It is truthfully said that a piece of property, whether tangible or intangible, is only worth what someone will pay for it. However, if potential customers do not know the piece of property exists or how good it is, or how they can use it to their best advantage, the piece of property is still worthless.
Likewise, if a piece of property can be stolen or misappropriated by anyone without payment to the owner, that property is equally worthless – no one will pay for something they can get for free, without fear that anyone will pursue them for payment.
This principle is as true for patents and other forms of intellectual property as for a piece of land or a car – perhaps even more so. An inventor might have the best idea in the world and think that, as a result the world will come to his door with bags of gold for the right to use his invention, but as he will quickly discover, until he markets his invention – just like any other product – no one will pay him for his fantastic invention. And, until he decides to enforce his patent rights, the world will rip him off with impunity.
Far too many inventors spend years developing their inventions and thousands of dollars applying for patents without aggressively pursuing the next step – marketing their invention like they were selling a product. Far too many patent owners look helplessly on while large companies use their inventions without paying the “reasonable royalty” the U.S. Congress mandates.
The only solution is for inventors, the companies and universities that employ them to take action to ensure that their rights are fully protected and theat they get all the compensation they are entitled to for their invention.
Accordingly, I propose the following principles for this inventor manifesto:
1. Every invention must be protected from those who would steal it.
It is the job of the inventor and his employer to make sure that every available form of intellectual property protection is employed to ensure that no one uses the invention without payment. If you don’t know how to protect your invention – whether it’s a patent, trade secret or copyright – find out and get it done. If it was worth putting the time into developing, it’s worth spending the money to protect.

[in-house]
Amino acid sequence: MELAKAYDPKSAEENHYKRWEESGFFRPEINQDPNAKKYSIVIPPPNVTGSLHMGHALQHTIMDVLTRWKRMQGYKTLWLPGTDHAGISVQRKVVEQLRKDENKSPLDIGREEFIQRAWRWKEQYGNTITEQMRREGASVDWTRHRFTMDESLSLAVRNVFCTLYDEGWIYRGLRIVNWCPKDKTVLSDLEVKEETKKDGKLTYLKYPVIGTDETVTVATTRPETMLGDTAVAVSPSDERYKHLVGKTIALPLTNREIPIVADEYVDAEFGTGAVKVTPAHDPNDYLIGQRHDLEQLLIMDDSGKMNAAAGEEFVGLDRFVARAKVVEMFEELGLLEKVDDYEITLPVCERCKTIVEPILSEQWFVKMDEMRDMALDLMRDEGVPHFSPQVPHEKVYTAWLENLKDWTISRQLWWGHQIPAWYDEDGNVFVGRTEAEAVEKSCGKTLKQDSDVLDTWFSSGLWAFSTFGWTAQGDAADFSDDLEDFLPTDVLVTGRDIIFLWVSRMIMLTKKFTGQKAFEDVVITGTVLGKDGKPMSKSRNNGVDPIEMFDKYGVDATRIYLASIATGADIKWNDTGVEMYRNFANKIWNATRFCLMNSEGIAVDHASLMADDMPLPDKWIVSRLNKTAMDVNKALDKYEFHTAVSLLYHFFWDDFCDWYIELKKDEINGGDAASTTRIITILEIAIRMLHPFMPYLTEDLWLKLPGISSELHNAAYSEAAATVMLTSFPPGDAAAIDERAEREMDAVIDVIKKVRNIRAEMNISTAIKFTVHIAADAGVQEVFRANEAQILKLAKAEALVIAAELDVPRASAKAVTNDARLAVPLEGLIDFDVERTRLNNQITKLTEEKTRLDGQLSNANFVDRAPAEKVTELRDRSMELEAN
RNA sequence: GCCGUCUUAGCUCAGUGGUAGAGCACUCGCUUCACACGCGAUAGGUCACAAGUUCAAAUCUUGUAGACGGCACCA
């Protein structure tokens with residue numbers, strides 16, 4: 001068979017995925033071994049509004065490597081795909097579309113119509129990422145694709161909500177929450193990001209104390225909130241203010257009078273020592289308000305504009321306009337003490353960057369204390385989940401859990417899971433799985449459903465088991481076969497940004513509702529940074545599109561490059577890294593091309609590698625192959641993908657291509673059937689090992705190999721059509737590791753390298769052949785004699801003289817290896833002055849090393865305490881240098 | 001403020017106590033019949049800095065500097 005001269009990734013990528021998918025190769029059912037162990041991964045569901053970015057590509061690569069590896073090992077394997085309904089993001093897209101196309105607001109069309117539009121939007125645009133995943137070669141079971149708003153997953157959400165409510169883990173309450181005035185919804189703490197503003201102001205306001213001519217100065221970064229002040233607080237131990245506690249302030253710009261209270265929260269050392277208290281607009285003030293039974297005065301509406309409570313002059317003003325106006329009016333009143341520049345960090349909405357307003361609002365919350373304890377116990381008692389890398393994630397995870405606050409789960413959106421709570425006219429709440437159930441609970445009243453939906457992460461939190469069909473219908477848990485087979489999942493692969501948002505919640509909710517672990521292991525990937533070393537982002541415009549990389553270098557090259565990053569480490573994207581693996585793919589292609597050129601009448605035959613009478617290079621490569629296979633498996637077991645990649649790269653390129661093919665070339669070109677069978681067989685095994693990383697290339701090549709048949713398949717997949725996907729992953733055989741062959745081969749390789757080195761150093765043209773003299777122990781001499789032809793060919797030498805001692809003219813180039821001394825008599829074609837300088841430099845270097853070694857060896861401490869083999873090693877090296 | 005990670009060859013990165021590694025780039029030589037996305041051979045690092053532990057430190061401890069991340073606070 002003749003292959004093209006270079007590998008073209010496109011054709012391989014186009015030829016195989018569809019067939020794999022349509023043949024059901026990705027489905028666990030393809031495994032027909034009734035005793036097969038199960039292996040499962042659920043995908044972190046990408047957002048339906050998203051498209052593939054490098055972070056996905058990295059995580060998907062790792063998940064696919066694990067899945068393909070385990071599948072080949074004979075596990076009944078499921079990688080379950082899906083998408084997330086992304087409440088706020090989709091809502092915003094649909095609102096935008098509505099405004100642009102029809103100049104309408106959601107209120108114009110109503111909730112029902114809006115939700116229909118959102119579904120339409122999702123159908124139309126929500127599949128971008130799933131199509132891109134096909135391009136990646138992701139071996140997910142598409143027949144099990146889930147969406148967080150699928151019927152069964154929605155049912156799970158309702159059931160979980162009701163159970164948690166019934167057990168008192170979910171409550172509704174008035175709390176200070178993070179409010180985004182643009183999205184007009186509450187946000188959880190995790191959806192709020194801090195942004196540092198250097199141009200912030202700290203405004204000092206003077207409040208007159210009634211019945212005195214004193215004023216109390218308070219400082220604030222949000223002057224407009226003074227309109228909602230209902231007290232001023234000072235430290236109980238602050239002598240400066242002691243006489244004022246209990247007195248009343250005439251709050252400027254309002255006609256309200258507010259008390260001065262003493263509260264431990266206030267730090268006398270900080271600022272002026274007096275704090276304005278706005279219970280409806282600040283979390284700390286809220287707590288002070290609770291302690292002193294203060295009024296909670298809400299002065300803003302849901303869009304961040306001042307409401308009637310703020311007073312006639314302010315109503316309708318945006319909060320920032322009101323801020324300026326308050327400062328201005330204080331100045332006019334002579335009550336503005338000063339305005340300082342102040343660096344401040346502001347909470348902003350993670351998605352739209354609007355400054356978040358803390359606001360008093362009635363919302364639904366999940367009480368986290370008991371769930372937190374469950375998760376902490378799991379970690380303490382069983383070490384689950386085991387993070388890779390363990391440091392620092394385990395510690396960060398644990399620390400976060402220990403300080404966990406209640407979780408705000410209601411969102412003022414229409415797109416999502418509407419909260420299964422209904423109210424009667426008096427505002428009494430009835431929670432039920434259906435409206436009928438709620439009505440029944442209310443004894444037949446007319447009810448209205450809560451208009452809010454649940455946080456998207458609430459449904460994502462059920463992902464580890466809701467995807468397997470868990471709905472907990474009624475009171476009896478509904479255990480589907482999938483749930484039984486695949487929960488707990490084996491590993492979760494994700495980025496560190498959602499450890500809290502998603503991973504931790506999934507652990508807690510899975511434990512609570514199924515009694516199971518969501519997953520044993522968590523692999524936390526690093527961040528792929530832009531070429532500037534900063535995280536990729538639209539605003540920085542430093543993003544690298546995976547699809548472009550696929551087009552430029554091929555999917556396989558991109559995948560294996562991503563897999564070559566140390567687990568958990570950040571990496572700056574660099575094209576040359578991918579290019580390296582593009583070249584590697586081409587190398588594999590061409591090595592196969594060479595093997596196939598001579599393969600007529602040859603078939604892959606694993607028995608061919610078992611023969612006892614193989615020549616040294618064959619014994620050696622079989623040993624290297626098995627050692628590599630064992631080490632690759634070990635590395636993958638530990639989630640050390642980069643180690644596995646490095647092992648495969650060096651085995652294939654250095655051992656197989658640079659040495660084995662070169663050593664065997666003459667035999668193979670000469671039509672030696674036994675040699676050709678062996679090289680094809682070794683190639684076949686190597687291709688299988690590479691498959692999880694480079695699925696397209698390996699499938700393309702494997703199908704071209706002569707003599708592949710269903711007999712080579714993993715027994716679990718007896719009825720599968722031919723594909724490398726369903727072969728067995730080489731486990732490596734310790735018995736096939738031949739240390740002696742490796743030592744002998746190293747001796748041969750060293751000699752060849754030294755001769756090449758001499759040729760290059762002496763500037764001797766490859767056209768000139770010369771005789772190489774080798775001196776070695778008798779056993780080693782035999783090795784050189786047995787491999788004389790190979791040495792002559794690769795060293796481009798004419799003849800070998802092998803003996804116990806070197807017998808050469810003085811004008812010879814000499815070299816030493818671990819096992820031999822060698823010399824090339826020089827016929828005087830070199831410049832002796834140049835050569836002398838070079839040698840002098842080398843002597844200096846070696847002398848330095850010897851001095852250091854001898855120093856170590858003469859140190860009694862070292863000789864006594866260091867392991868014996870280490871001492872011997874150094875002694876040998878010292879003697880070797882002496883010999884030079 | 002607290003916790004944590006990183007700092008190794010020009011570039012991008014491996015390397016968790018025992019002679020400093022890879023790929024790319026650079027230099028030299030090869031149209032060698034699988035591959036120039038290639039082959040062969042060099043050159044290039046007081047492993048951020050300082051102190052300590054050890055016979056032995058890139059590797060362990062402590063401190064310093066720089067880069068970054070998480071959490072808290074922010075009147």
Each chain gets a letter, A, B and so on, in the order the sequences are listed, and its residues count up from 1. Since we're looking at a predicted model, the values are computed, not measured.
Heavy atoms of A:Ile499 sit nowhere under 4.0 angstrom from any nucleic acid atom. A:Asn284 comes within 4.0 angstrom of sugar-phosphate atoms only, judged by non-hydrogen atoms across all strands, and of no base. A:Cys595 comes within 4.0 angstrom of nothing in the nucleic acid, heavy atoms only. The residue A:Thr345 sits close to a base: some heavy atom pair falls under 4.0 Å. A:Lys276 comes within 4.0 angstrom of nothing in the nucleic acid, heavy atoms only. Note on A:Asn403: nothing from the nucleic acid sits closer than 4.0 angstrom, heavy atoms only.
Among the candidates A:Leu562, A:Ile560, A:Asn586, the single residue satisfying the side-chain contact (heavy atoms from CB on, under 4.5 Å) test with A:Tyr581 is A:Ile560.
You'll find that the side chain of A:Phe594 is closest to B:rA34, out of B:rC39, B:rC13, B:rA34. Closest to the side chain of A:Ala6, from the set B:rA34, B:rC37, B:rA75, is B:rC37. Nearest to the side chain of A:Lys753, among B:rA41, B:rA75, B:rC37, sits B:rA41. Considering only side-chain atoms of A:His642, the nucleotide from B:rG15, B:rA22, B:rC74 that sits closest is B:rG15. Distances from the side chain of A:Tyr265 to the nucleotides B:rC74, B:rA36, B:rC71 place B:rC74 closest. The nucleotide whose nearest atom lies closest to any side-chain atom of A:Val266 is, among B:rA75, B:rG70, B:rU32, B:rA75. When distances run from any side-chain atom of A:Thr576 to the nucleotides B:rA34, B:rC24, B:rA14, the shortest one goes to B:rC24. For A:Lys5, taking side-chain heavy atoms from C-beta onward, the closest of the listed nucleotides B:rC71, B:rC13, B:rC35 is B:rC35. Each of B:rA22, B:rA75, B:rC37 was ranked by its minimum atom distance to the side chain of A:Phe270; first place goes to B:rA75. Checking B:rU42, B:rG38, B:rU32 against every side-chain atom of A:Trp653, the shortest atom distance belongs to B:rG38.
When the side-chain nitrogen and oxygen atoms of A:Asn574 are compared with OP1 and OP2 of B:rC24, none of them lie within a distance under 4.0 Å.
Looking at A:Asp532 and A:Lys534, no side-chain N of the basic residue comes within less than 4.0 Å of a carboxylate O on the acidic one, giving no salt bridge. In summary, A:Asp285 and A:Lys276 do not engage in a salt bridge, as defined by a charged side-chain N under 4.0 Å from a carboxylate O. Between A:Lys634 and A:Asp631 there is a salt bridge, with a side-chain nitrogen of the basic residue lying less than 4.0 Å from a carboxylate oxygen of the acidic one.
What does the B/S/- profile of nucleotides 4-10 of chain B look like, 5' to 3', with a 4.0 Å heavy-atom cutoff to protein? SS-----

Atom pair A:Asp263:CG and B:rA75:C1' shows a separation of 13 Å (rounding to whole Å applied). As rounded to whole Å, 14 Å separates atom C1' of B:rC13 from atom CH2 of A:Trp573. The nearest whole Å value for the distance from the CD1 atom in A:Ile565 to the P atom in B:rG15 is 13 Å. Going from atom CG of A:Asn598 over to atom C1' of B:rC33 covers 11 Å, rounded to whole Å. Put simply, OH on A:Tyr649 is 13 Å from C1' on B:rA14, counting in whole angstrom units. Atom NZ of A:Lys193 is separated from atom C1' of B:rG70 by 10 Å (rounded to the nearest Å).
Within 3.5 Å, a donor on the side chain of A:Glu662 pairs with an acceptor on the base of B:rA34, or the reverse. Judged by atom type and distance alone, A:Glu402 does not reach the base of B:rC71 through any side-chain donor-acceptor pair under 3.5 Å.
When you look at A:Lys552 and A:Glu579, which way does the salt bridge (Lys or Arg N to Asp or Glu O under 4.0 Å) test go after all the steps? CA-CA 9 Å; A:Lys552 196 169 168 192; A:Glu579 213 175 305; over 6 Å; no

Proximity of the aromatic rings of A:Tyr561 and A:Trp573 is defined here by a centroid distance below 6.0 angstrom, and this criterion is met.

2. Every invention must be marketed like Apple
If no one knows about your great idea, no one will buy it or license it – simple as that. If the invention is not being used exclusively to support the inventor’s company monopoly in its product, it is the job of the inventor or his company to find the very best home for that invention -- someone who can utilize that idea for the greatest possible product. Being shy about promoting yourself or your great idea betrays the hard work you put into developing this idea in the first place and deprives the marketplace of the use of your great idea. Steve Jobs isn’t shy about finding the best possible market for Apple’s innovations – you should have the same enthusiasm for yours.
3. Intellectual property rights must be decisively enforced
Intellectual property rights – particularly patent rights – give the owner a monopoly on their use. However, those rights are worthless if they are not enforced. You may need to hire a lawyer to inform those who are using your patent that they are in violation of your sole rights and that they must “cease and desist” immediately. You may need to sue these infringers to protect your rights in your invention. You must be prepared to do this – and do it firmly and decisively – if you take your invention seriously and are willing to stick up for your rights in that invention.
Infringers and their flacks in the media will call you a “patent troll” and claim that you are “abusing the system” by asserting your legal right to stop infringers from stealing your invention and to be compensated for their infringement. Ignore them. These epithets should be reserved for those companies who scoop up other people’s patents for the sole purpose of bringing a lawsuit – people who have contributed nothing to the economy. The true innovators should proudly assert their patent rights against those who would appropriate them without compensation.
Patent owners who are not willing to let their years of work go to waste and be freely appropriated by their competitors and other sharks in the marketplace must sign on to and dedicate themselves to following this manifesto.